EVANSTON, Ill. -- He was bundled up almost beyond recognition, his head hidden under a white stocking cap, and his No. 10 jersey buried inside a long, Ohio State coat to keep out the Lake Michigan chill. And yet the lingering, Buckeye-dominated crowd had no trouble identifying Troy Smith when he emerged from the locker room following Buckeyes 54-10 rout of Northwestern on Saturday. Halting their chant of "One More Week" -- an ode to the epic, 1-vs.-2 duel that awaits in Columbus -- they serenaded him with "Heisman, Heisman," nearly drowning out his interview with ABC.
The previous two weeks, Smith hadn't looked like a Heisman candidate. He threw for a total of just one touchdown -- and one pick -- in those wins, a 44-0 rout of Minnesota and a much more troubling 17-10 squeaker over lowly Illinois. He had admitted to nursing a sore thumb on his throwing hand, and people were quietly wondering whether he was backing into the Nov. 18 Michigan game instead of peaking at the right time.
That was, until he dismantled the Wildcats. Smith completed his first four pass attempts Saturday to four different receivers, leading OSU on a pair of first-quarter touchdown drives. He finished with four touchdowns and one pick, 12 (of 19) completions spread between seven receivers, and 185 yards in three quarters. As much as Saturday was about beating Northwestern to improve to 11-0, it was more about re-awakening a struggling offense and setting the tone for the opponent everyone cares about: the Wolverines.
And this kind of performance? "It helped Troy out a lot," said Smith's best buddy, receiver Ted Ginn Jr. "It brought his composure back."
Composure is what has separated Smith from opponents on the biggest of stages. It's what helped him leave Texas in the dust back in September -- the last time he played a 1-vs.-2 game -- by throwing three touchdowns and no interceptions. It's what allowed him to have blockbuster games in the Buckeyes' past two, BCS-clinching wins over Michigan. It's what kept him calm in the pocket, checking off to little-used receivers like Brian Hartline (zero career touchdowns coming into Saturday) for two scores against Northwestern.
And it gives him the confidence to make Heisman-highlight-reel plays like the pass he threw with three seconds left in the first half on Saturday: a 34-yard, three-quarter-armed bomb to Ginn down the right sideline. Ginn, who only looked up at the last second, saw the ball fall into his arms for a touchdown, giving OSU a 33-10 lead. Smith, meanwhile, had a good excuse for missing its beautiful conclusion: "I was getting hit -- in the mouth."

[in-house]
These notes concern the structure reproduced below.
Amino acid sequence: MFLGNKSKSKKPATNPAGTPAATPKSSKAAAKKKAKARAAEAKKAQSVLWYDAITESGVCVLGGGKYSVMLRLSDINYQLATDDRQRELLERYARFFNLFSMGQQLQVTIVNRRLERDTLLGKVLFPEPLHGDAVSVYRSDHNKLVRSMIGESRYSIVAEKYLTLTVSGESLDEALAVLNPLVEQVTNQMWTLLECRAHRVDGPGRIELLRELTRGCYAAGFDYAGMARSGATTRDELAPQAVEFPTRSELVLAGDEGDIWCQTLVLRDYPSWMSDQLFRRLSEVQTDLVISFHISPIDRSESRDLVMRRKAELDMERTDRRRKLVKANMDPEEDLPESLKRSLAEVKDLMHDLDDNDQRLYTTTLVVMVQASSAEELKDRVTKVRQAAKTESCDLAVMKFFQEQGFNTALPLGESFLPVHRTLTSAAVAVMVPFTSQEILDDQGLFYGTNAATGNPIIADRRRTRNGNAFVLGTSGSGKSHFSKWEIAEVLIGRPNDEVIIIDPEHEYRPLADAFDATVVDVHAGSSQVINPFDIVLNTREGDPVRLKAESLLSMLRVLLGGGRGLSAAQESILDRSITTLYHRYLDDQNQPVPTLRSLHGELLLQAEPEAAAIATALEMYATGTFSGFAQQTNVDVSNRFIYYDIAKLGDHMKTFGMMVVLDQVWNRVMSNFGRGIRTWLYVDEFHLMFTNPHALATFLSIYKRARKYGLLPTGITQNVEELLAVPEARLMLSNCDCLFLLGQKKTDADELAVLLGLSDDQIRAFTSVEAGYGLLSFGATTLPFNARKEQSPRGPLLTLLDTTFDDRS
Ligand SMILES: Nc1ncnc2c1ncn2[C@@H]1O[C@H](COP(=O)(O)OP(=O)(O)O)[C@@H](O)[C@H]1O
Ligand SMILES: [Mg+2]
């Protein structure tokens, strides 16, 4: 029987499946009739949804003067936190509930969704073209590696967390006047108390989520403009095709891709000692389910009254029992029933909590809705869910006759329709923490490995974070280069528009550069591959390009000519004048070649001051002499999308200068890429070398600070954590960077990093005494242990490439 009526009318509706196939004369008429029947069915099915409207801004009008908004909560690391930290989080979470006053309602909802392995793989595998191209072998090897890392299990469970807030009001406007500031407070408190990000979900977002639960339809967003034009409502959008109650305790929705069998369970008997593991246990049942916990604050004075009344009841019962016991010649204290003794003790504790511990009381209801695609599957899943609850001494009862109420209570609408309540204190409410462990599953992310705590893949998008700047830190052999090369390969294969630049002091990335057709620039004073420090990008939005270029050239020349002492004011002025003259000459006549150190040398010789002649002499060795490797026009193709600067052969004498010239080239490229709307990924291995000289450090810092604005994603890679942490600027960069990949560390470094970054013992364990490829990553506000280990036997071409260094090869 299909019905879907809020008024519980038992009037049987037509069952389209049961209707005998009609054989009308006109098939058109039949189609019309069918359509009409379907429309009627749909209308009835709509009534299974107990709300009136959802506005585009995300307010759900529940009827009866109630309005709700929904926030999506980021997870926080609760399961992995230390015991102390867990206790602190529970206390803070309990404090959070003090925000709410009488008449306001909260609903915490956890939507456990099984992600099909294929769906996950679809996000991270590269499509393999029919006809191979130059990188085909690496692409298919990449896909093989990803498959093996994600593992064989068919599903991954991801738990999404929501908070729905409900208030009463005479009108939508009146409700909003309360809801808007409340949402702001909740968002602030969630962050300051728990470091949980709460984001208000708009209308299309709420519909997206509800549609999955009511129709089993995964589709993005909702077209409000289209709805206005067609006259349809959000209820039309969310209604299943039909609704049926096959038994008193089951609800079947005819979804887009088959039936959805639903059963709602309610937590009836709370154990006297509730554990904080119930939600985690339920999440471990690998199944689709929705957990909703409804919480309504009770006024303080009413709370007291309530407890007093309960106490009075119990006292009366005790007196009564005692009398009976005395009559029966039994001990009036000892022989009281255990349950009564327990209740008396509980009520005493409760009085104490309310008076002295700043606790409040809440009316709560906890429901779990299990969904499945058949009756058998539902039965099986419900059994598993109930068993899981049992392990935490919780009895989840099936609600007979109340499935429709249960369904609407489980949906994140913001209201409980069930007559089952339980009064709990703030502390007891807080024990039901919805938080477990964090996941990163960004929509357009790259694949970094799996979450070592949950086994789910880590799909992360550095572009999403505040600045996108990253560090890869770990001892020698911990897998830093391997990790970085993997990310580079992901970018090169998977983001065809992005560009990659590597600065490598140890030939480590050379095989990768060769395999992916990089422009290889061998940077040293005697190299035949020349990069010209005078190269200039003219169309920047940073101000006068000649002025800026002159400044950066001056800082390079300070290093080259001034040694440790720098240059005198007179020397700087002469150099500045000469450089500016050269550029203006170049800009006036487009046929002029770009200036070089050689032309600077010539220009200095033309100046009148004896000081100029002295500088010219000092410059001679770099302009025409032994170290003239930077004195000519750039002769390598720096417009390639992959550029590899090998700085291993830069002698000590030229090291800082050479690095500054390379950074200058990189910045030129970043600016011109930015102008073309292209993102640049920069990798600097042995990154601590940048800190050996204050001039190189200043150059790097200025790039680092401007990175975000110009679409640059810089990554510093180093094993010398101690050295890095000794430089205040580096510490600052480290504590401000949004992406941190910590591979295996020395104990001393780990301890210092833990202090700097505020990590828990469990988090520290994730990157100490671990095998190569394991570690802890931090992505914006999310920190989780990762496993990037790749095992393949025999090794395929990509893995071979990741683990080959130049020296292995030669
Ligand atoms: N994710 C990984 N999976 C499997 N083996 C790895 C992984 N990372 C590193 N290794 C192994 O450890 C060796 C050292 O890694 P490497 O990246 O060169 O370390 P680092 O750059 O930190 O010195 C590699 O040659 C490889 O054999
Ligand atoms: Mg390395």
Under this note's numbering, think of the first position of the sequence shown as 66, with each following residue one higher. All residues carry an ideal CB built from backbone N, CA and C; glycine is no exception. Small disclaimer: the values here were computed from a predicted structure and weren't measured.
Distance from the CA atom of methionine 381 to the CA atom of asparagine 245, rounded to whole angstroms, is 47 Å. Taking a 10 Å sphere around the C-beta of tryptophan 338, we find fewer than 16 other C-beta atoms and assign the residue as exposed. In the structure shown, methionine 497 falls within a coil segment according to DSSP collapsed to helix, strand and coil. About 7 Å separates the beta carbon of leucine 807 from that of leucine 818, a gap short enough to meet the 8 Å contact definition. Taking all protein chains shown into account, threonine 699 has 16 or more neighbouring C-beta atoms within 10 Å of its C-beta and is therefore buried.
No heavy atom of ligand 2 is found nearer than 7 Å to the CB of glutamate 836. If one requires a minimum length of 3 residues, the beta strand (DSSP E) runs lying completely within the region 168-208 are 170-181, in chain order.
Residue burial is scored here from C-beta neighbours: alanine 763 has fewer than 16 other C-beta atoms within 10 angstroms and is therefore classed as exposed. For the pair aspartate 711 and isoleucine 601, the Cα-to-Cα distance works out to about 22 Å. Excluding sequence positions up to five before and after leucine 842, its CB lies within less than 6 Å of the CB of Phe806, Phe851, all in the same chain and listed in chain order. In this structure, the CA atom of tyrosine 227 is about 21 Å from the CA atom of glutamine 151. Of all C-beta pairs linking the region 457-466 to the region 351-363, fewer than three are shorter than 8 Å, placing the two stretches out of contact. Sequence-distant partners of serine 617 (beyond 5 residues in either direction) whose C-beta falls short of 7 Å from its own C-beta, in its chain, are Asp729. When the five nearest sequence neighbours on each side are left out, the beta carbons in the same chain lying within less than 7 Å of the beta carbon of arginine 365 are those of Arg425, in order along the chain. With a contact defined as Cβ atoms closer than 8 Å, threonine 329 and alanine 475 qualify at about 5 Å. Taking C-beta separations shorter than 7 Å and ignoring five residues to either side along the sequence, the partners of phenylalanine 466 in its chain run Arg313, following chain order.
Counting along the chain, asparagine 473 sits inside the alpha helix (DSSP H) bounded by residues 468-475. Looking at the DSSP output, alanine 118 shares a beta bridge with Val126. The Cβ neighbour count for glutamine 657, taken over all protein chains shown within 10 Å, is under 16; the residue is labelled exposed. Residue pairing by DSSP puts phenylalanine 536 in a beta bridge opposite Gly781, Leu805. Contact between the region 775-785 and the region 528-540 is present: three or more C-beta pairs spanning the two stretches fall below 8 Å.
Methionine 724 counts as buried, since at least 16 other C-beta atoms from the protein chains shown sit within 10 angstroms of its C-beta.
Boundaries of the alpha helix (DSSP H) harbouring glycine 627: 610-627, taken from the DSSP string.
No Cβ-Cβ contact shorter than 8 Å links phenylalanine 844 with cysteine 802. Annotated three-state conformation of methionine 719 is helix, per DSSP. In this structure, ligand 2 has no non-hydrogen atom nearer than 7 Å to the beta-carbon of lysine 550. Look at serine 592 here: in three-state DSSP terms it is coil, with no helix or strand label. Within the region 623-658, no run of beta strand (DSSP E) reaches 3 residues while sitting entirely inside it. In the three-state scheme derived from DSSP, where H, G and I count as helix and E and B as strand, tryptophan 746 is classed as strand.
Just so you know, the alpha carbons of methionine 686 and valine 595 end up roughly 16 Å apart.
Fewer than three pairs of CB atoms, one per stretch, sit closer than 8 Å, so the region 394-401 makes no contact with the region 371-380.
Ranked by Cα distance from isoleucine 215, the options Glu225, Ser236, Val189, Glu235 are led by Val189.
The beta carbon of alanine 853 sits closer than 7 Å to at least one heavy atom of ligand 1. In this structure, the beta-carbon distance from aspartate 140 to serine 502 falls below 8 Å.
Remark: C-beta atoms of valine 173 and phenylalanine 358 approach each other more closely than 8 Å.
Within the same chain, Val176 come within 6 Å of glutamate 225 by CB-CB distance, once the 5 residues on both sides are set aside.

Grill shots aside, the Northwestern game could not have gone better for the Buckeyes' offense. Smith helped them capitalize on all five of the Wildcats' turnovers, and is looking dangerous (and certainly not hampered by the thumb) heading into the biggest rivalry game of his life. He used his scrambling skills effectively, running twice to set up OSU's seventh touchdown midway through the third quarter, and only threw one pick, a bomb to Ginn that the wideout claims got caught up in the wind.
"I thought he was in charge the whole time," OSU coach Jim Tressel said of Smith. "Sometimes he looks like he ad-libs, but he's only ad-libbing because he knows what [the defense is] doing and he knows where to find someone."
The rest of the Buckeyes, meanwhile, are happy Smith is on their side. Defensive tackle David Patterson said, "I just enjoy getting to watch the best player in the country when I'm off the field." And center Doug Datish, before exiting Saturday's postgame press conference, gave Smith a startling slap on the behind. Smith turned away from the podium, raised his eyebrows, and laughed.